Stamps name into the South West Academy of Sport’s history books

Capel teenager Obie Herring has earned himself a place in the South West Academy of Sport history books as the first table tennis player to secure a coveted scholarship with the talent development organisation.

The 15-year-old said it was “pretty special” to have blazed a trail for his sport into the popular SWAS Individual Athlete Support Program, which provides high-level support to participants wanting to further their game.

The young sports man said a benefit of being part of the program was meeting aspiring athletes from other sporting codes who he shared commonalities with, such as sometimes having to choose to train instead of hanging out with mates.

Herring’s hard work has been paying off, with the rising star a consistent performer on Western Australia’s table tennis circuit as well as enjoying stints on the national stage.

Herring’s achievements include earning selection to the State team for the past three years. In 2019 he contested the National Junior Table Tennis Championships in the U/13 team. In 2020 the event was cancelled due to COVID-19, and recently Herring travelled to Brisbane as part of the 2021 U/15 WA team but the event was cut short because of the COVID-19 pandemic.

This year, Herring has contributed to the Geographe Bay Table Tennis Club by bringing home a State championship country team championship title, country doubles and a runner-up singles title.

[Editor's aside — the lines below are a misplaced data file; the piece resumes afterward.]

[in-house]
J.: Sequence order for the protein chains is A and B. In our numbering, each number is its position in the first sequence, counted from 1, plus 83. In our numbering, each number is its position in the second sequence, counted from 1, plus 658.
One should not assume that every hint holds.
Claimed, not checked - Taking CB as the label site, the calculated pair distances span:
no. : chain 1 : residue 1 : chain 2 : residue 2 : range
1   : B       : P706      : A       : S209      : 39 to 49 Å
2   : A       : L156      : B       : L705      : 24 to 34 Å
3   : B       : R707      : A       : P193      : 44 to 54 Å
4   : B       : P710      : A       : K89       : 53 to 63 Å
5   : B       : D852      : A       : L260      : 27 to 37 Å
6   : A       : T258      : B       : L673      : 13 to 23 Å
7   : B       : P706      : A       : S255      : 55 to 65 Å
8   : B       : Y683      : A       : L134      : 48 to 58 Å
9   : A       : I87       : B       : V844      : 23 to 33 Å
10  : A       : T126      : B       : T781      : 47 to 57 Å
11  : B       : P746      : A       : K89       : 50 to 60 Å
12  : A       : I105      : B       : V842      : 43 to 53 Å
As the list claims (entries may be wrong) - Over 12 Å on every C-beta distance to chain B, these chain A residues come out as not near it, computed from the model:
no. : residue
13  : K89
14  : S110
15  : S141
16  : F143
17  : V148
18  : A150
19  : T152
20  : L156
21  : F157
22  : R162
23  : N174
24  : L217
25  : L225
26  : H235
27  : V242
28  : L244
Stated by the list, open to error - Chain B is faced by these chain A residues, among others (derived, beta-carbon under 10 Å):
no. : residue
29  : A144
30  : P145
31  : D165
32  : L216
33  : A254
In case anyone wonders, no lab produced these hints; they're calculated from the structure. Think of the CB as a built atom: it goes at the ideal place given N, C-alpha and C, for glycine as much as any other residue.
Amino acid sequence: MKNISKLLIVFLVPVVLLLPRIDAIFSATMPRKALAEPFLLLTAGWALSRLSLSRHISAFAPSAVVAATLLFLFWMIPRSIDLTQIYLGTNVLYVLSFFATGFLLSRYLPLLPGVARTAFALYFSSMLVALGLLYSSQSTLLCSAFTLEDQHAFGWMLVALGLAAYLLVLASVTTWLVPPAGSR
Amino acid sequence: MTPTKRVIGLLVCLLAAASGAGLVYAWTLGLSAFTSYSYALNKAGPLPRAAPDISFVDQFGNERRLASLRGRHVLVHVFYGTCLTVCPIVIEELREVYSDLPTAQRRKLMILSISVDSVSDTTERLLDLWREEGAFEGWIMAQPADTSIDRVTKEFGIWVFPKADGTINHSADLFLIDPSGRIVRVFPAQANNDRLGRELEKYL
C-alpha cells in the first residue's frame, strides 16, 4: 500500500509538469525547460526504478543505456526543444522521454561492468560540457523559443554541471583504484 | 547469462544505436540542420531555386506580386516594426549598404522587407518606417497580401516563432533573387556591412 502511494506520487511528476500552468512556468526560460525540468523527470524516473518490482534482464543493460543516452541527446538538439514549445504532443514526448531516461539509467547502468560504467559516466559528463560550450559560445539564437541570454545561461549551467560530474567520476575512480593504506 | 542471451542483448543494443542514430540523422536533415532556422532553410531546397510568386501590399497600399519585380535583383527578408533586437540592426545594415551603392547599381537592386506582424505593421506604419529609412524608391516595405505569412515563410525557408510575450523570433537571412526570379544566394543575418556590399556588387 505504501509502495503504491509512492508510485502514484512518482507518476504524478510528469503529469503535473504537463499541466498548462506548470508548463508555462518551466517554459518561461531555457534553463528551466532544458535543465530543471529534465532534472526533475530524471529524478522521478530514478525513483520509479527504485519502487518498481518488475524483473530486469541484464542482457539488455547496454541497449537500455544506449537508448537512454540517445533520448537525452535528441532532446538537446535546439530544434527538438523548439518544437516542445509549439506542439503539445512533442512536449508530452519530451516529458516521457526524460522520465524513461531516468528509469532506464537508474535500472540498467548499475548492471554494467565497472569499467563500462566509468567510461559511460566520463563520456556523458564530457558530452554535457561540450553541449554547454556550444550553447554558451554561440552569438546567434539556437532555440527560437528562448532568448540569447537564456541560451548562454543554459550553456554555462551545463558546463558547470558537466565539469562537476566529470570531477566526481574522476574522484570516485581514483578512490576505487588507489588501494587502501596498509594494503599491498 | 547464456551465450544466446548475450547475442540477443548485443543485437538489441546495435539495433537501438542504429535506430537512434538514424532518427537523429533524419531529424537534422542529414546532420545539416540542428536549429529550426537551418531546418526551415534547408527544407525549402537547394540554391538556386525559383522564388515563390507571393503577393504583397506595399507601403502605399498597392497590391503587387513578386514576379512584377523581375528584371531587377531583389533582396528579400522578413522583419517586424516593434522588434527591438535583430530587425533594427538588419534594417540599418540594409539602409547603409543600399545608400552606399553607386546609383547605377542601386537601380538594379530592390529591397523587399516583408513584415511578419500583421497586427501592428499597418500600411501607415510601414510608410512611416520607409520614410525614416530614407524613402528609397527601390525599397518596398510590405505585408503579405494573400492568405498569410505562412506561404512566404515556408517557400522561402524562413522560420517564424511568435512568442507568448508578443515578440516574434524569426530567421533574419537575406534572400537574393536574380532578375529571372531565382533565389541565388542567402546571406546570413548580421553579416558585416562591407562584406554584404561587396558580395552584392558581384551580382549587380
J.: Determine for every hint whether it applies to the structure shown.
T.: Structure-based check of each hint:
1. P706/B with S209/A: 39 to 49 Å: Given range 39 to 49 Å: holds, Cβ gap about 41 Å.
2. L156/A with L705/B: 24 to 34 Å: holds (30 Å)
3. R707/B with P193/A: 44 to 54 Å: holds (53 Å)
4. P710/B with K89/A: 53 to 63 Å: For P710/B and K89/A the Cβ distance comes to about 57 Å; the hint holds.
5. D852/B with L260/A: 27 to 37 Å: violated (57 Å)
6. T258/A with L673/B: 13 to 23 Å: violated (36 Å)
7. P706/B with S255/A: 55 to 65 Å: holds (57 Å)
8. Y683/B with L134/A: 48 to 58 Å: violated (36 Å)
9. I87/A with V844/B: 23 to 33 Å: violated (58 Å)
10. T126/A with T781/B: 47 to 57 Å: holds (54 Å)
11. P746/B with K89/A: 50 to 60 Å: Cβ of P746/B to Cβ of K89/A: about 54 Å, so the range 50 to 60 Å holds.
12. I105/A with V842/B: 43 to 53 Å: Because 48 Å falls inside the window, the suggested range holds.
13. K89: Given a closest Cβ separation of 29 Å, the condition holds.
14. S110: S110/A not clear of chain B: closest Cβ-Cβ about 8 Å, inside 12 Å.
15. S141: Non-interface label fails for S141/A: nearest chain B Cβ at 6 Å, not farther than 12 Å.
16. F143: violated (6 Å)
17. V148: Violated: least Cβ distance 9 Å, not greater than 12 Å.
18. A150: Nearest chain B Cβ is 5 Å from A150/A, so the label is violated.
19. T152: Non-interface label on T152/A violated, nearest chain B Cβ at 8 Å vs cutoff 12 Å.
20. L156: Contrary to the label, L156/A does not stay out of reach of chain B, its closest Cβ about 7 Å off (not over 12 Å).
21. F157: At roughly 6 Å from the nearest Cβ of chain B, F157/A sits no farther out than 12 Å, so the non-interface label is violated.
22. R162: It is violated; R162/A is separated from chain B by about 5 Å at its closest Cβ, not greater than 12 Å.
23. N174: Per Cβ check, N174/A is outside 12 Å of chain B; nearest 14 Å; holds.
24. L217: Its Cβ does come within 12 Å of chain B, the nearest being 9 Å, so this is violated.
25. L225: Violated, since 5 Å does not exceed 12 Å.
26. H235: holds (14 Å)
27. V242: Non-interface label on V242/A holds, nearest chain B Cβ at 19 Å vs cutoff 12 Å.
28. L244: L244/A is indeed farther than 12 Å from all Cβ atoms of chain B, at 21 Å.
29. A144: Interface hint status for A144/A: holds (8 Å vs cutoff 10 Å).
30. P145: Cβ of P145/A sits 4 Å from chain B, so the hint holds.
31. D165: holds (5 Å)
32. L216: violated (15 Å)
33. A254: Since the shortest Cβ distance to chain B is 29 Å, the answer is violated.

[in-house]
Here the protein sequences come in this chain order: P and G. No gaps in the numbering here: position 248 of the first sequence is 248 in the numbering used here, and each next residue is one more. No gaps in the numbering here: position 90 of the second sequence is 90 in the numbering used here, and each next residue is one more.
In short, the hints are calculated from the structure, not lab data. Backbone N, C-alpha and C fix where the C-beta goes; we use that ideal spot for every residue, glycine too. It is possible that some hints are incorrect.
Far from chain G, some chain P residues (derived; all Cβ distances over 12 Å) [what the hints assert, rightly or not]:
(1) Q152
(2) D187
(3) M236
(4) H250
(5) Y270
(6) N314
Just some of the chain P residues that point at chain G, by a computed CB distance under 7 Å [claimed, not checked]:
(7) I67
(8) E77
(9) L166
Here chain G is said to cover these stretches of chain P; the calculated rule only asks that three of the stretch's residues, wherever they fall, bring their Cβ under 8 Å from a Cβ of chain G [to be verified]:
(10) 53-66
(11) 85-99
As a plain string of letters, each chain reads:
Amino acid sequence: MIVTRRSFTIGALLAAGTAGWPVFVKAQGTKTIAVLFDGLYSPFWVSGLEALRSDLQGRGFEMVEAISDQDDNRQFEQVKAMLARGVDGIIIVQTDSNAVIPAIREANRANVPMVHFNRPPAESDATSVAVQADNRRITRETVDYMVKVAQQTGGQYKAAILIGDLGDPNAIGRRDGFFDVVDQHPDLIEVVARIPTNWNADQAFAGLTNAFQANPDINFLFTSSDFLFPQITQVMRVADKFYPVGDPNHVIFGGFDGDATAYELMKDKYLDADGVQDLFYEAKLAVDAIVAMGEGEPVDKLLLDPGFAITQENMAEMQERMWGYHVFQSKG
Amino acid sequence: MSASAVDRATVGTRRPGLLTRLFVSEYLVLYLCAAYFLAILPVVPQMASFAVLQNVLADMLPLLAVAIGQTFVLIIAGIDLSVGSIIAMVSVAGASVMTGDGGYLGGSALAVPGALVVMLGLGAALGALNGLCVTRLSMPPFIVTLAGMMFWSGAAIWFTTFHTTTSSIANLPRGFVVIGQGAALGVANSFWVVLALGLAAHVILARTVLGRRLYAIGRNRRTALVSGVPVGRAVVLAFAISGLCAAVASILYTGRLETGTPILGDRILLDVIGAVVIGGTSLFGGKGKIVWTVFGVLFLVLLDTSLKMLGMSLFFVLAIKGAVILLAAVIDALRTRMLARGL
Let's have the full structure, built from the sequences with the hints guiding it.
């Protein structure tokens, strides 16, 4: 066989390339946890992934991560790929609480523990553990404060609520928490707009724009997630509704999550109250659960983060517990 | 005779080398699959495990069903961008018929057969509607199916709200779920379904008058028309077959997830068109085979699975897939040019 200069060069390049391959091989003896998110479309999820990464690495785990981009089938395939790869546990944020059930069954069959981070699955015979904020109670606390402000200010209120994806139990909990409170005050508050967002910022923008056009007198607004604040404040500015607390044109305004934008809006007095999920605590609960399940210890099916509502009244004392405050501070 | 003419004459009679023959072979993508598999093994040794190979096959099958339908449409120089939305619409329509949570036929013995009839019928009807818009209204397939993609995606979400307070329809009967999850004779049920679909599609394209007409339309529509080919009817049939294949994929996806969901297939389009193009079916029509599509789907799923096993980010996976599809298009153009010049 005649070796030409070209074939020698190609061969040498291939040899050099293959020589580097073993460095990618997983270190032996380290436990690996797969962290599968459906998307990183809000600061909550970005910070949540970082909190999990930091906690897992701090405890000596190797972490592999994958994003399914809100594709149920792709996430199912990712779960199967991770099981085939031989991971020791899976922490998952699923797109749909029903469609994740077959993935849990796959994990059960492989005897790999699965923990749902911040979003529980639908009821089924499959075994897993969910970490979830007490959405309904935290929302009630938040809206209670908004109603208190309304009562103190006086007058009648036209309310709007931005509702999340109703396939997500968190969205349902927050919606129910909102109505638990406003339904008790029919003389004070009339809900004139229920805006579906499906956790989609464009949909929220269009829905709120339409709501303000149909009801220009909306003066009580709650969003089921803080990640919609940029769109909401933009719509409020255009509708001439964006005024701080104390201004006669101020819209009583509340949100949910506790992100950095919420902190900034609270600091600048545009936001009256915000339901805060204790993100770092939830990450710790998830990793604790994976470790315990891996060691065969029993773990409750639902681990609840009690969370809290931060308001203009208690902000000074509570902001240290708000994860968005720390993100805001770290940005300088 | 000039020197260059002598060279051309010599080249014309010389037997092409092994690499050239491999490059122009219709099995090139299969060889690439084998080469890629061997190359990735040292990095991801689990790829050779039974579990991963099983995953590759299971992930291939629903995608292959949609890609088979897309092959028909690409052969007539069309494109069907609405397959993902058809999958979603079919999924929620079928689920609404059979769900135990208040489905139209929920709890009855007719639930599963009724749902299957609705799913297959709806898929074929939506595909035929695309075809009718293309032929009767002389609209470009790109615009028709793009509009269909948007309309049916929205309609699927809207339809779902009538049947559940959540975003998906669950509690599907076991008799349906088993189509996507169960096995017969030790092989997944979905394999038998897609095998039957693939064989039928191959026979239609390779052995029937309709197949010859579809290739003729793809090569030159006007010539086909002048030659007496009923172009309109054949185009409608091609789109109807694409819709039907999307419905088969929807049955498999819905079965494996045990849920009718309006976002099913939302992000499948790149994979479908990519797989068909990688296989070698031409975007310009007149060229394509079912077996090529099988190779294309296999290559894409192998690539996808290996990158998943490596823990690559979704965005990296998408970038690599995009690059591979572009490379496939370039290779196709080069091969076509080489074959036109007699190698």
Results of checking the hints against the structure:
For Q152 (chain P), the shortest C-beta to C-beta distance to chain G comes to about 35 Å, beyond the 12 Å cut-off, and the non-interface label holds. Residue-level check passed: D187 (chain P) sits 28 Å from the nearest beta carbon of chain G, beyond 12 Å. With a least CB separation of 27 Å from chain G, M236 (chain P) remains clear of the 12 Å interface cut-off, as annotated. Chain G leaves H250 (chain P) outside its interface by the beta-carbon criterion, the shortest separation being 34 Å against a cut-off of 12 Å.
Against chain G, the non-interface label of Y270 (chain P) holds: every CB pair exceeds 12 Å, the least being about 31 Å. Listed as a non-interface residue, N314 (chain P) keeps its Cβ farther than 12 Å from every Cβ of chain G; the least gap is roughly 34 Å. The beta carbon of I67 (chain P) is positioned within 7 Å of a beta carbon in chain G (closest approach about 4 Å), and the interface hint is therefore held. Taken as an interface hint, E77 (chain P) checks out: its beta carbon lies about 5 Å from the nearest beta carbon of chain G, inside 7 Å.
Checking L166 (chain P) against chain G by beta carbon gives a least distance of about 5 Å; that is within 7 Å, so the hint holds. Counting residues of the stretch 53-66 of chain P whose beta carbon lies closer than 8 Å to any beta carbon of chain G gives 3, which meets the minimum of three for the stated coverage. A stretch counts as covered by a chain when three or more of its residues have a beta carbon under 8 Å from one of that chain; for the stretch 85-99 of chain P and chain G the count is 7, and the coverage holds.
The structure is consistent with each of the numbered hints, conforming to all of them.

Despite his individual achievements, Herring’s attention is often focused on helping others succeed in the sport.

He played a key role establishing the Smash Hit Juniors in Busselton, coaching younger athletes, and visits schools with his training partner Matt Cheng to inspire others to pick up a bat.

As for his future plans, Herring wants to maximise the opportunities presented by the sport.

“I just want to make the most out of the sport. I could even be a coach up in Perth,” Herring.

“I want others to enjoy the sport and do well as it is just as fun and competitive as other mainstream sports.”

Herring said one tip or good trick to have in your repertoire is to be able to whip a solid low backhand smash.